Residents, politicians decry poor treatment of Latinos at Pilsen post office
A spokesman for the U.S. Postal Service went into Pilsen’s post office to show reporters a “translation friendly” sign Monday. It wasn’t there.
After residents aired complaints that workers at the post office in Pilsen discriminated against non-English speakers, a spokesman for the U.S. Postal Service took the microphone at a press conference Monday and offered to show reporters a “translation friendly” sign inside.
The post office has been under scrutiny after a viral Facebook post from last week claimed a retail clerk disrespected several patrons because they couldn’t speak English — a problem many residents has been happening for years.
The “translation friendly” sign is designed to make it easy for patrons to translate retail signage at the post office into their preferred language “using their favorite translator app” on their smartphones, according to Tim Norman, the USPS spokesman in the Chicago area.
But Norman, with TV cameras rolling, couldn’t find the sign anywhere inside.
“It’s supposed to be here,” Norman said before leaving the post office, 1859 S. Ashland Ave.
Norman was summoned to the post office in Pilsen on Monday after activists and elected officials called a news conference there to echo allegations made by Evelyn Gonzalez, an eyelash technician who lives in the neighborhood and wrote the viral Facebook post.
According to Gonzalez, a retail clerk at the post office told several customers, “I do not speak Spanish, I cannot help you.” Gonzalez also said the clerk threatened to call the police on her after stepping in to help those customers.
Norman told reporters Monday that USPS is “actively pursuing bilingual employees” and is investigating Gonzalez’s allegations.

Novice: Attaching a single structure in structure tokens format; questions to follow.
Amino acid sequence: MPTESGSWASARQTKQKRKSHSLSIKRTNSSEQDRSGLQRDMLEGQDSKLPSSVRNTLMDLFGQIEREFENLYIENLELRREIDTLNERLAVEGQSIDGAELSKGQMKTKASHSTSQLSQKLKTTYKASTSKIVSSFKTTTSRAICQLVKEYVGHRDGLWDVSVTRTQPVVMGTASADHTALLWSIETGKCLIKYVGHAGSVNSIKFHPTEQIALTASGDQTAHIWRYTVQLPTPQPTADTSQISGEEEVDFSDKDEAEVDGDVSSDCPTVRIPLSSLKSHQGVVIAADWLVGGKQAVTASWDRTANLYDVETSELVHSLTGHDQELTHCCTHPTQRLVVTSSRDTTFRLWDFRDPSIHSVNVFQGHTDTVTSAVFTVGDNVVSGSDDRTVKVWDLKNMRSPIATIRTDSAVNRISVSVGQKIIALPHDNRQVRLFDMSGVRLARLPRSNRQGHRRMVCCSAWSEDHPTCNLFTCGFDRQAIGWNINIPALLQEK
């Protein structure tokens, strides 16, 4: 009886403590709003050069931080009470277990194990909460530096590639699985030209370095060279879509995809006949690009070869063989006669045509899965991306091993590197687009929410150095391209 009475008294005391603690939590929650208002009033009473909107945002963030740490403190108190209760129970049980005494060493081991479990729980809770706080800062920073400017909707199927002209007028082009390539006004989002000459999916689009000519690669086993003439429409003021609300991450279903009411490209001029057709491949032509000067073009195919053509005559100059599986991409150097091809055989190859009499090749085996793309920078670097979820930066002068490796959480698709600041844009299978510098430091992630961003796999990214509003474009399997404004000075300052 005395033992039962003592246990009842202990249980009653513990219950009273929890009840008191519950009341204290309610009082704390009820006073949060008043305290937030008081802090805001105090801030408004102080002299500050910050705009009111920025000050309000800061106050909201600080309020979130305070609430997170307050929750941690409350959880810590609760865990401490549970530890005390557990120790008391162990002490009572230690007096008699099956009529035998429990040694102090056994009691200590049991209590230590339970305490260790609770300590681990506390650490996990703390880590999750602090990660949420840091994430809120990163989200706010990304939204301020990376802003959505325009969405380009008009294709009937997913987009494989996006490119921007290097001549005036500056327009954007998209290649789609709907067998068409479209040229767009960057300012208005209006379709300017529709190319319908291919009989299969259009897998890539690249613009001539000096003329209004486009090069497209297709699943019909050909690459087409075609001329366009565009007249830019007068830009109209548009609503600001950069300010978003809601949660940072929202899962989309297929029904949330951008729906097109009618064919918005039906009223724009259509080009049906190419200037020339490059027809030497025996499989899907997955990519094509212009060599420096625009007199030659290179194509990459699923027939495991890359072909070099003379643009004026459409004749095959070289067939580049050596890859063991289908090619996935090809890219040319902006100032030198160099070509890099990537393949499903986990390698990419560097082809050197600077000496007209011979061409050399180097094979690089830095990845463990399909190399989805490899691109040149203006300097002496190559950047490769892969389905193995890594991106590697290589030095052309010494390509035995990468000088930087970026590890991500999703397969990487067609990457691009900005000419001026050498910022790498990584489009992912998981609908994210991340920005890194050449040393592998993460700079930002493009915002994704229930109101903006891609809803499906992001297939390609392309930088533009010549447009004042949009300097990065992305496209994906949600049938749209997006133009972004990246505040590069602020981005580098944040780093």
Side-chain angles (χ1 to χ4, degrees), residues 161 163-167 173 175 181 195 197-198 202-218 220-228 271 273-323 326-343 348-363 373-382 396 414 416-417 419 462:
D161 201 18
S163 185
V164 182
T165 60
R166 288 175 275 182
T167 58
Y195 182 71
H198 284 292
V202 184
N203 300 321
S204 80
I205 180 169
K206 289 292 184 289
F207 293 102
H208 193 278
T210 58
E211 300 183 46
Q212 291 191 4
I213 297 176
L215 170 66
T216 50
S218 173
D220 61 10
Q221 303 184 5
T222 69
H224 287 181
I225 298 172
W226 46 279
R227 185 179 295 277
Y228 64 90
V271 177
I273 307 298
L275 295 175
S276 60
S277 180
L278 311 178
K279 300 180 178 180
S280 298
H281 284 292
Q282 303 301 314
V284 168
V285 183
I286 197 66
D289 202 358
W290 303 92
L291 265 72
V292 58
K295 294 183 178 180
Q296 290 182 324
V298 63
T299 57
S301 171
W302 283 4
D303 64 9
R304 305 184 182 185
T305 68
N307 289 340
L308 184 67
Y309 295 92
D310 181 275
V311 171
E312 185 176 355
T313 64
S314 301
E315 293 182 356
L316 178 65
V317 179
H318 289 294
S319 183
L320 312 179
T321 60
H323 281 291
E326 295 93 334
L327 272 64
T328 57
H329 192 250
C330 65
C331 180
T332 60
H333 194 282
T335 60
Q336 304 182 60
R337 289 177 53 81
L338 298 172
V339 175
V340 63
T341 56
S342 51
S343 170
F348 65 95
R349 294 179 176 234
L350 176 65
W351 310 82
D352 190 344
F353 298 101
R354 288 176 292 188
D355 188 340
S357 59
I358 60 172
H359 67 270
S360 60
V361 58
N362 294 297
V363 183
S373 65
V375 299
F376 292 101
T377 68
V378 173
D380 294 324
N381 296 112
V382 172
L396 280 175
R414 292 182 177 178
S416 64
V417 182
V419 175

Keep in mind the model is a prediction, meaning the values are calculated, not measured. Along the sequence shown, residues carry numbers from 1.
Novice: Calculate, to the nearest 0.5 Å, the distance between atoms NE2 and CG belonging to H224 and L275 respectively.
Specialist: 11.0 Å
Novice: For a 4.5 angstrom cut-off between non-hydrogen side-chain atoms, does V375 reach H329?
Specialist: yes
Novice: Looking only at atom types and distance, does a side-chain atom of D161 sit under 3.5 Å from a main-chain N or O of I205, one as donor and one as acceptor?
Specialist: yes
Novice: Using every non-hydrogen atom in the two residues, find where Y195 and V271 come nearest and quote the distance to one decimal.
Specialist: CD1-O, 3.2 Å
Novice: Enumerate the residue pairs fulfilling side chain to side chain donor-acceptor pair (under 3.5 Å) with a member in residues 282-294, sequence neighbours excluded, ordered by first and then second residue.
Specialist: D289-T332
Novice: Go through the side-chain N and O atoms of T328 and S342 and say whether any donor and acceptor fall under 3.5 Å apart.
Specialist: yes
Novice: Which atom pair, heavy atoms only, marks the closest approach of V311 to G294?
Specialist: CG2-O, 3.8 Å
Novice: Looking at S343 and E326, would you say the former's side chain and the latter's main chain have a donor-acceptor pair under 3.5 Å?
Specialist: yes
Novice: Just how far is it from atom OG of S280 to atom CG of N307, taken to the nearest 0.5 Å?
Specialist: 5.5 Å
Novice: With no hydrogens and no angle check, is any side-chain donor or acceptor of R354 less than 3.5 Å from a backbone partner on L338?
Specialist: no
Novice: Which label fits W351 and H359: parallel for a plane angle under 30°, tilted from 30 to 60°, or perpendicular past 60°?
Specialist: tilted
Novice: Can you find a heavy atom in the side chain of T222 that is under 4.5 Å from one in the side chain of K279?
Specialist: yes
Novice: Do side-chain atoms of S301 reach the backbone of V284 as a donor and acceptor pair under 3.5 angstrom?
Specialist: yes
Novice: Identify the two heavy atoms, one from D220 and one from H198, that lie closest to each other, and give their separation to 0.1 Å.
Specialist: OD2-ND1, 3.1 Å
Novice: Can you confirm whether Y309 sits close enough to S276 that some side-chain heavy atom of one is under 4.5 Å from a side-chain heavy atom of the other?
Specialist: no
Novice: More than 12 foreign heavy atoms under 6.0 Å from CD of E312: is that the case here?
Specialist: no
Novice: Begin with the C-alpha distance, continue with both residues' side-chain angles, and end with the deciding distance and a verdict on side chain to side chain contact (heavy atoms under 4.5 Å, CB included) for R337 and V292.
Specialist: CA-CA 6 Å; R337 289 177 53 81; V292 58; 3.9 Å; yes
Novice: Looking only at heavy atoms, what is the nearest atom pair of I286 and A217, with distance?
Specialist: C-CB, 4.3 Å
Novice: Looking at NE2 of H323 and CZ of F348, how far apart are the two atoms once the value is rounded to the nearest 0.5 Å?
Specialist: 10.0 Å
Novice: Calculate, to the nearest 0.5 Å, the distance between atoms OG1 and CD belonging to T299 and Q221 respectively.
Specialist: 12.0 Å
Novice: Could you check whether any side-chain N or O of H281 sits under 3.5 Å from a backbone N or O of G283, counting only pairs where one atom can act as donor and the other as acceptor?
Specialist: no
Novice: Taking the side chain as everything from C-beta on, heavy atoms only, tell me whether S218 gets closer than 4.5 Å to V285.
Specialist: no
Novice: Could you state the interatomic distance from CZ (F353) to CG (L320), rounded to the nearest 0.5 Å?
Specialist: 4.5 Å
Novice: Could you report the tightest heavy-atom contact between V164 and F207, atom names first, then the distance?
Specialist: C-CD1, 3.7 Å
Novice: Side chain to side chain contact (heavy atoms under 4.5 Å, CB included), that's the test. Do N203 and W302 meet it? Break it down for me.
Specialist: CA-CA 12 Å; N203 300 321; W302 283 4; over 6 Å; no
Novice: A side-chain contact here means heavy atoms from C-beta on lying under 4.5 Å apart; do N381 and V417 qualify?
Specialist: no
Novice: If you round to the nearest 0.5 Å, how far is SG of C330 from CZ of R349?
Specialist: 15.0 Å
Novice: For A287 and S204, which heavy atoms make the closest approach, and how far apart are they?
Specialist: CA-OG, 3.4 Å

But his failure to find the supposed “translation friendly” sign is indicative of how the post office in Pilsen is unable to properly serve the predominantly immigrant and Latino neighborhood, Ald. Byron Sigcho-Lopez (25th) said.
“It doesn’t sit well with residents when they hear there’s a sign that can help them and then it’s not there,” said Sigcho-Lopez, who was joined at the press conference by state Rep. Theresa Mah, a Democrat who represents the area in the Illinois Assembly.
The post office in Pilsen is named after late Mexican-American labor leader Cesar Chavez — an ironic and hurtful twist, said Rev. Emma Lozano of Lincoln United Methodist Church.
“The post office that bears the name of one of our community’s leaders has no one that speaks Spanish,” Lozano said at the news conference.
Lozano blames the lack of Spanish speakers at Pilsen’s post office on entrenched discrimination against Latinos.
“We don’t blame the workers here that don’t know Spanish. We blame the systemic racism that’s kept us out of representing ourselves in our true numbers in the city of Chicago.”
In a letter to U.S. Rep. Jesus “Chuy” Garcia dated Feb. 9, Sigcho-Lopez called on USPS to immediately replace “any employee from the Cesar Chavez post office who has been accused of discrimination while an investigation takes place.”
A spokesperson for Garcia said Monday the congressman doesn’t support replacing the employee until USPS concludes its investigation.
Garcia sent a letter Monday to a USPS representative in Chicago asking for the agency’s policies on servicing non-English speakers.
“Government offices and agencies, including post offices, should accommodate and be responsive to the communities they serve,” the letter reads.
Carlos Ballesteros is a corps member of Report for America, a not-for-profit journalism program that aims to bolster Sun-Times coverage of Chicago’s South Side and West Side.